Secondly, as the "holy Fathers and Doctors" rightly emphasized, the very institution of the Lord's Supper teaches all that will understand (which the Romish church will not) that it must be celebrated under both species. For thus we read in Matt. 26:26-29: "And as they were eating, Jesus took bread, and blessed it, and brake it, and gave it to the disciples, and said, Take, eat; this is my body. And he took the cup, and gave thanks, and gave it to them, saying, Drink ye all of it; For this is my blood of the new testament, which is shed for many for the remission of sins." Notice that the Lord not only gave the bread to His disciples, but He first broke it as a sign of His broken body. And His body could not be broken except through the shedding of His blood. Again I say that the Romish church deprives its members of the blood of the cross by giving them only the bread and not the wine. Notice, secondly, that the Lord emphatically says to His disciples and, therefore, to the whole Church and all its members: "Drink ye all of it." But, according to the Romish church, its members do not have to drink. It is sufficient that the priest drinks it and says "haec est pro omnibus," this is for you all!
Thirdly, the apostle Paul received the knowledge of the institution of the Lord's Supper by a special revelation emphasizing the importance of this sacrament, and that, too, under both species. This is found in the well-known passage of I Cor. 11:23-29: "For I have received of the Lord that which also I delivered unto you, that the Lord Jesus the same night in which he was betrayed took bread: And when he had given thanks, he brake it, and said, Take, eat: this is my body, which is broken for you: this do in remembrance of me. After the same manner also he took the cup, when he had supped, saying, This cup is the new testament in my blood: this do ye, as often as ye drink it, in remembrance of me. For as often as ye eat this bread, and drink this cup, ye do shew the Lord's death till he come. Wherefore whosoever shall eat this bread, and drink this cup of the Lord unworthily, shall be guilty of the body and blood of the Lord. But let a man examine himself, and so let him eat of that bread, and drink of that cup. For he that eateth and drinketh unworthily, eateth and drinketh damnation to himself, not discerning the Lord's body." Surely, also this passage of the Word of God very clearly and emphatically teaches that the Lord's Supper must be celebrated under both species, bread and wine.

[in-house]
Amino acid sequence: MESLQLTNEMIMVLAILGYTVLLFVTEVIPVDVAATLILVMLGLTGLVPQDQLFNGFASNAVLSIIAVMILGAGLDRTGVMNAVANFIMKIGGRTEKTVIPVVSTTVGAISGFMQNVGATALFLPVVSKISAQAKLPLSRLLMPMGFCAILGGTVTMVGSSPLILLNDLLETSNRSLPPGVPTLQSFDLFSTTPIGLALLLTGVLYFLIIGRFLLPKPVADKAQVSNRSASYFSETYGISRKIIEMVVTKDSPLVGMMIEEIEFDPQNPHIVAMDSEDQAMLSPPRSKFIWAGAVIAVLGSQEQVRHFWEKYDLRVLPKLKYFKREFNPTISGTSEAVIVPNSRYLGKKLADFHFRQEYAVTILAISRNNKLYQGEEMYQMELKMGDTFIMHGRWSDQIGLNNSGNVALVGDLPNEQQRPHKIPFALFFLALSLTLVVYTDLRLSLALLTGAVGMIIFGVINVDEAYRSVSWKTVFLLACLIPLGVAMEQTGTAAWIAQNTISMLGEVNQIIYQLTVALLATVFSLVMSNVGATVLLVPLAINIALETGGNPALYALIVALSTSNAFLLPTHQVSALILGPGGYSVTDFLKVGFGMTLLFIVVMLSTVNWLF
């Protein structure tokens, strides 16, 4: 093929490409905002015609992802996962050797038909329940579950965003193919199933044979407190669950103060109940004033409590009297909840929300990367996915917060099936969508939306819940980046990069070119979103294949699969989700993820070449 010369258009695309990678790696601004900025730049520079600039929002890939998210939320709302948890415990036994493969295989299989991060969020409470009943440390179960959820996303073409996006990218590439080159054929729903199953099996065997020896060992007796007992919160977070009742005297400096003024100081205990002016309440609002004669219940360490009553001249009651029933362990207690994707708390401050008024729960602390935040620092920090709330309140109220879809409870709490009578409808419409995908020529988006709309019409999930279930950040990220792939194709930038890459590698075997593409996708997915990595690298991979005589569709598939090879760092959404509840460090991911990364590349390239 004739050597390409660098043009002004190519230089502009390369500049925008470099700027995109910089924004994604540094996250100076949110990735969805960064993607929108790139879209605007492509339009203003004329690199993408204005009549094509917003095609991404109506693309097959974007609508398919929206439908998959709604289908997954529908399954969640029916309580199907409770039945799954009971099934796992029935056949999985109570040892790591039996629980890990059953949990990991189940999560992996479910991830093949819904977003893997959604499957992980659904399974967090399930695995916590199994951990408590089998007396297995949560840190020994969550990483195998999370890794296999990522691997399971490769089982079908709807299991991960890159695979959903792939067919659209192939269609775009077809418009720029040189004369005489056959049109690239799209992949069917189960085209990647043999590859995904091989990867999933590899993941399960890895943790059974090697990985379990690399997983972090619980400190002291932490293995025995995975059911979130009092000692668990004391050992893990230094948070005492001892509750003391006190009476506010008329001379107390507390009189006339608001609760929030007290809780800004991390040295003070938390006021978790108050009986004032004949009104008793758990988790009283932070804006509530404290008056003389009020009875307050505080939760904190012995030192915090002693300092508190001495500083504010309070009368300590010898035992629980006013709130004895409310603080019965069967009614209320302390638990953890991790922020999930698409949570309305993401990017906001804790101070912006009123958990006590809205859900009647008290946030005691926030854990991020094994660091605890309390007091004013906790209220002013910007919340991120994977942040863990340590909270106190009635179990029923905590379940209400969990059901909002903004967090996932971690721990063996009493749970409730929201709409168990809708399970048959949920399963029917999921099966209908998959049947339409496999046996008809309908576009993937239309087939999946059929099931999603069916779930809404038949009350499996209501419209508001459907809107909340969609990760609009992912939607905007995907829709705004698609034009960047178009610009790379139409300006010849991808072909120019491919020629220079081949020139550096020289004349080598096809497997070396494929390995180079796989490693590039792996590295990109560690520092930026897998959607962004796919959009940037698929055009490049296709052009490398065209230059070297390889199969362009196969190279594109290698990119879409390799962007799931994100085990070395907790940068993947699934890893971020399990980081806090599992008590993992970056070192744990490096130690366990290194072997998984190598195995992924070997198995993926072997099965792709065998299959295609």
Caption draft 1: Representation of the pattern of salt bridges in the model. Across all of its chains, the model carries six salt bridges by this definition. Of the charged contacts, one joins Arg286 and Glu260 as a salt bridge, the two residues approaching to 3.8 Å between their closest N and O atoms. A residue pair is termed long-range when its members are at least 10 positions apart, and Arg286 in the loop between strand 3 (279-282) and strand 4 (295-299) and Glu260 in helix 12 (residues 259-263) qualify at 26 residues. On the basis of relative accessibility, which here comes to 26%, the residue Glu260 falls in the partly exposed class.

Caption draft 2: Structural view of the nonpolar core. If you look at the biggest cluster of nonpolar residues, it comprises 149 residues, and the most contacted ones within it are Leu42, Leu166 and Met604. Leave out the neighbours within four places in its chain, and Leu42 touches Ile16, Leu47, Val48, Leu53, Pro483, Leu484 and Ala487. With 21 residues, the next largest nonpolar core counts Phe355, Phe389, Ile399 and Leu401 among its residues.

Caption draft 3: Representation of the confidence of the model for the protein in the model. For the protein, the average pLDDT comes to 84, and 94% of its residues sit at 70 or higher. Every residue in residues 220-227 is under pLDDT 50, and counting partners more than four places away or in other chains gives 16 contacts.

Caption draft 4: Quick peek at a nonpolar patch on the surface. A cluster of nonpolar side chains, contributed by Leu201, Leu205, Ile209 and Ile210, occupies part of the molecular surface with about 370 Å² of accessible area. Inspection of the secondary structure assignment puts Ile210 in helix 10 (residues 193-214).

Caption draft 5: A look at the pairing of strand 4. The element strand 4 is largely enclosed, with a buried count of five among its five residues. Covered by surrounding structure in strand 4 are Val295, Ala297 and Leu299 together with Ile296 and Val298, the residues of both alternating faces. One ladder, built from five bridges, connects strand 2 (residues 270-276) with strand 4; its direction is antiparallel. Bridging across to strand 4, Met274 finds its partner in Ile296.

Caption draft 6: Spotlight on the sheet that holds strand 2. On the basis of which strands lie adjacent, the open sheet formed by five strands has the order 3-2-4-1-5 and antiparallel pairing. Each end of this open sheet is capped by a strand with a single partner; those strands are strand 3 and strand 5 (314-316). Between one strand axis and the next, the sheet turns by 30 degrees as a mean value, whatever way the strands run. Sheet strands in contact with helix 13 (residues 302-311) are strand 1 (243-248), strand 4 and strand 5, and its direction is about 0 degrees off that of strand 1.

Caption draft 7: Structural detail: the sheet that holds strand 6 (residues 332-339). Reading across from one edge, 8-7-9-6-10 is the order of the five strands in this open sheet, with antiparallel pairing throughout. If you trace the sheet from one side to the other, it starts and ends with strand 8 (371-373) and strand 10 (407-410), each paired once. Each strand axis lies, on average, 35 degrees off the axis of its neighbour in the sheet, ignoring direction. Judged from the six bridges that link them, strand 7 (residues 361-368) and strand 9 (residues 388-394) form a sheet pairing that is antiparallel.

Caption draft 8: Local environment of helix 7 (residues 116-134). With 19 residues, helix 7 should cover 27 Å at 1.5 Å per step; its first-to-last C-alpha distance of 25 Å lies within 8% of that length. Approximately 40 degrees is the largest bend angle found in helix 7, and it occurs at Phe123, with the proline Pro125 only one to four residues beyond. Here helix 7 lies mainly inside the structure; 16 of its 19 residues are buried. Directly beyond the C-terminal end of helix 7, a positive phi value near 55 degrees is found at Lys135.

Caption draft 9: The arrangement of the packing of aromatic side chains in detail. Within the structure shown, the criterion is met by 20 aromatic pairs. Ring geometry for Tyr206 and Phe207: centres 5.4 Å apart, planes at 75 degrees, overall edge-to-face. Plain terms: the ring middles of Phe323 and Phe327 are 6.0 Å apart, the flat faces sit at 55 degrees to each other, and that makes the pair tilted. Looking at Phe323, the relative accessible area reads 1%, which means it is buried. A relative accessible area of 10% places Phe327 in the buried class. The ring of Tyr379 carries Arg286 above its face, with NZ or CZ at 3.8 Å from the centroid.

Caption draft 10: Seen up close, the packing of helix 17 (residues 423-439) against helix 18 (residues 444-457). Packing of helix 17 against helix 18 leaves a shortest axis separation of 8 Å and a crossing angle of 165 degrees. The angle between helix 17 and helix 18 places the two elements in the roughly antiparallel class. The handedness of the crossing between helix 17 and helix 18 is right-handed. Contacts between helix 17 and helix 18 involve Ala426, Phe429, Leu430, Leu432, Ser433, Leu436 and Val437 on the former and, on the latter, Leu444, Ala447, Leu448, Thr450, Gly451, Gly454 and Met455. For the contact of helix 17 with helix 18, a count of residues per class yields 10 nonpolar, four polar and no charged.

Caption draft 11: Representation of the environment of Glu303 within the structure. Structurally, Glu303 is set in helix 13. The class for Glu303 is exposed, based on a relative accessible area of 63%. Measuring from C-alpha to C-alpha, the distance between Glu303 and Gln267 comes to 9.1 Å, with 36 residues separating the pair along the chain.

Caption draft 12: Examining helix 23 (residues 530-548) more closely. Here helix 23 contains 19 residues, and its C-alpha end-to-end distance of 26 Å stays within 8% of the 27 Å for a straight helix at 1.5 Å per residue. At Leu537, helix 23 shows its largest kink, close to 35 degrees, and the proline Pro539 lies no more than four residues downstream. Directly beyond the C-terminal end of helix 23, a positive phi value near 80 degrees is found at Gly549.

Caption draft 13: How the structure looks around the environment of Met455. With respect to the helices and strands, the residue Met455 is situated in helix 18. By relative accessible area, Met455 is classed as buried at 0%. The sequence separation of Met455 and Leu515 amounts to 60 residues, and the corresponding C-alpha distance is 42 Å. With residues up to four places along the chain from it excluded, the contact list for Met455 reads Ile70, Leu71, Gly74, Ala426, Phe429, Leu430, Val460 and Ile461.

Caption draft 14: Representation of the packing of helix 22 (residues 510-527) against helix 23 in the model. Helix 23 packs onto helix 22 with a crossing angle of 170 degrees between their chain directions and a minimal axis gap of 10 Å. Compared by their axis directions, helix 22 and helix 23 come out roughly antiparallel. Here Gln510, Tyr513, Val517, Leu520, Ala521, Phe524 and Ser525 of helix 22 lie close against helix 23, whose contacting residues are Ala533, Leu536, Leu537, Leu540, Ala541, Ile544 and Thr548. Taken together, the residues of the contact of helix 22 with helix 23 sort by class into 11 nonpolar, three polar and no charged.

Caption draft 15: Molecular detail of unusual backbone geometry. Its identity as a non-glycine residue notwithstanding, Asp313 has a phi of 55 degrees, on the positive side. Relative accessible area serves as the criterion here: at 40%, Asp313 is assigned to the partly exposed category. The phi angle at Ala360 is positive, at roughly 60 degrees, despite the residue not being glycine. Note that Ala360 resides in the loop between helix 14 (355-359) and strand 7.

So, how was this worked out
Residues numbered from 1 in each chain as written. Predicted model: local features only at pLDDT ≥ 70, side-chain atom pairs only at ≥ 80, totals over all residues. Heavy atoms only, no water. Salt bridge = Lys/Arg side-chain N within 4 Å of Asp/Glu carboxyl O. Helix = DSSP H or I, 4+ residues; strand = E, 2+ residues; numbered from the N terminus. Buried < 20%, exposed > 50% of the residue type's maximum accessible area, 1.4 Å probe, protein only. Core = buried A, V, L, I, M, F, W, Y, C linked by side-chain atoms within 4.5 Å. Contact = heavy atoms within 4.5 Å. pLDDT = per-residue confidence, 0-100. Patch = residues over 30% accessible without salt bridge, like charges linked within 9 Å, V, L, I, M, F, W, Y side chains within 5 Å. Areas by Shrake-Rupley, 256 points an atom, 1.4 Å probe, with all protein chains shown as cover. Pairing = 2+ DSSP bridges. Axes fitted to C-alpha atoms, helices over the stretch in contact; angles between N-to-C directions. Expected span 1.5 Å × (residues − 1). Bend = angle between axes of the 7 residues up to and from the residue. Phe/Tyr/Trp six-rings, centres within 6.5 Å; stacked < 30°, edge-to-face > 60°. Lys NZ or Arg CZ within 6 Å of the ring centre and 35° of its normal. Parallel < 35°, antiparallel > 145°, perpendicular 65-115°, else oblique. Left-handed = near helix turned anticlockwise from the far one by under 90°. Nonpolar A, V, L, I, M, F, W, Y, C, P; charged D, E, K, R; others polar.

Yet, the Romish Church claims the authority and power to change the Lord's Supper into whatsoever form they consider best and proper, For, according to chapter II under the heading "Doctrine Concerning Communion," they decided:
"It furthermore declares, that this power has ever been in the Church, that in the dispensation of the sacraments, their substance being untouched, it may ordain or change, what things soever it may judge most expedient, for the profit of those who receive, or for the veneration of the said sacraments, according to the difference of circumstances, times, and places . . . Wherefore, holy Mother Church, knowing this her authority in the administration of the sacraments, although the use of both species has, from the beginning of the Christian religion, not been infrequent, yet, in progress of time, that custom has been already very widely changed, she, induced by weighty and just reasons, has approved of this custom of communicating under one species, and decreed that it was to be held as a law; which it is not lawful to reprobate, or to change at pleasure, without the authority of the Church itself."
In other words, the Church is exalted above the clear testimony of Holy Writ!
And, finally, in chapter III under the same heading, they state that, in spite of the fact that they admit that the Lord Jesus instituted this sacrament under both species, bread and wine, the Church has the authority to change this:
"It moreover declares, that although, as has been already said, our Redeemer, in that last supper, instituted, and delivered to the apostles, this sacrament under two species, yet is to be acknowledged, that Christ whole and entire and a true sacrament are received under either species alone, and that, therefore, as regards the fruit thereof, they, who receive one species alone are not defrauded of any grace necessary unto salvation."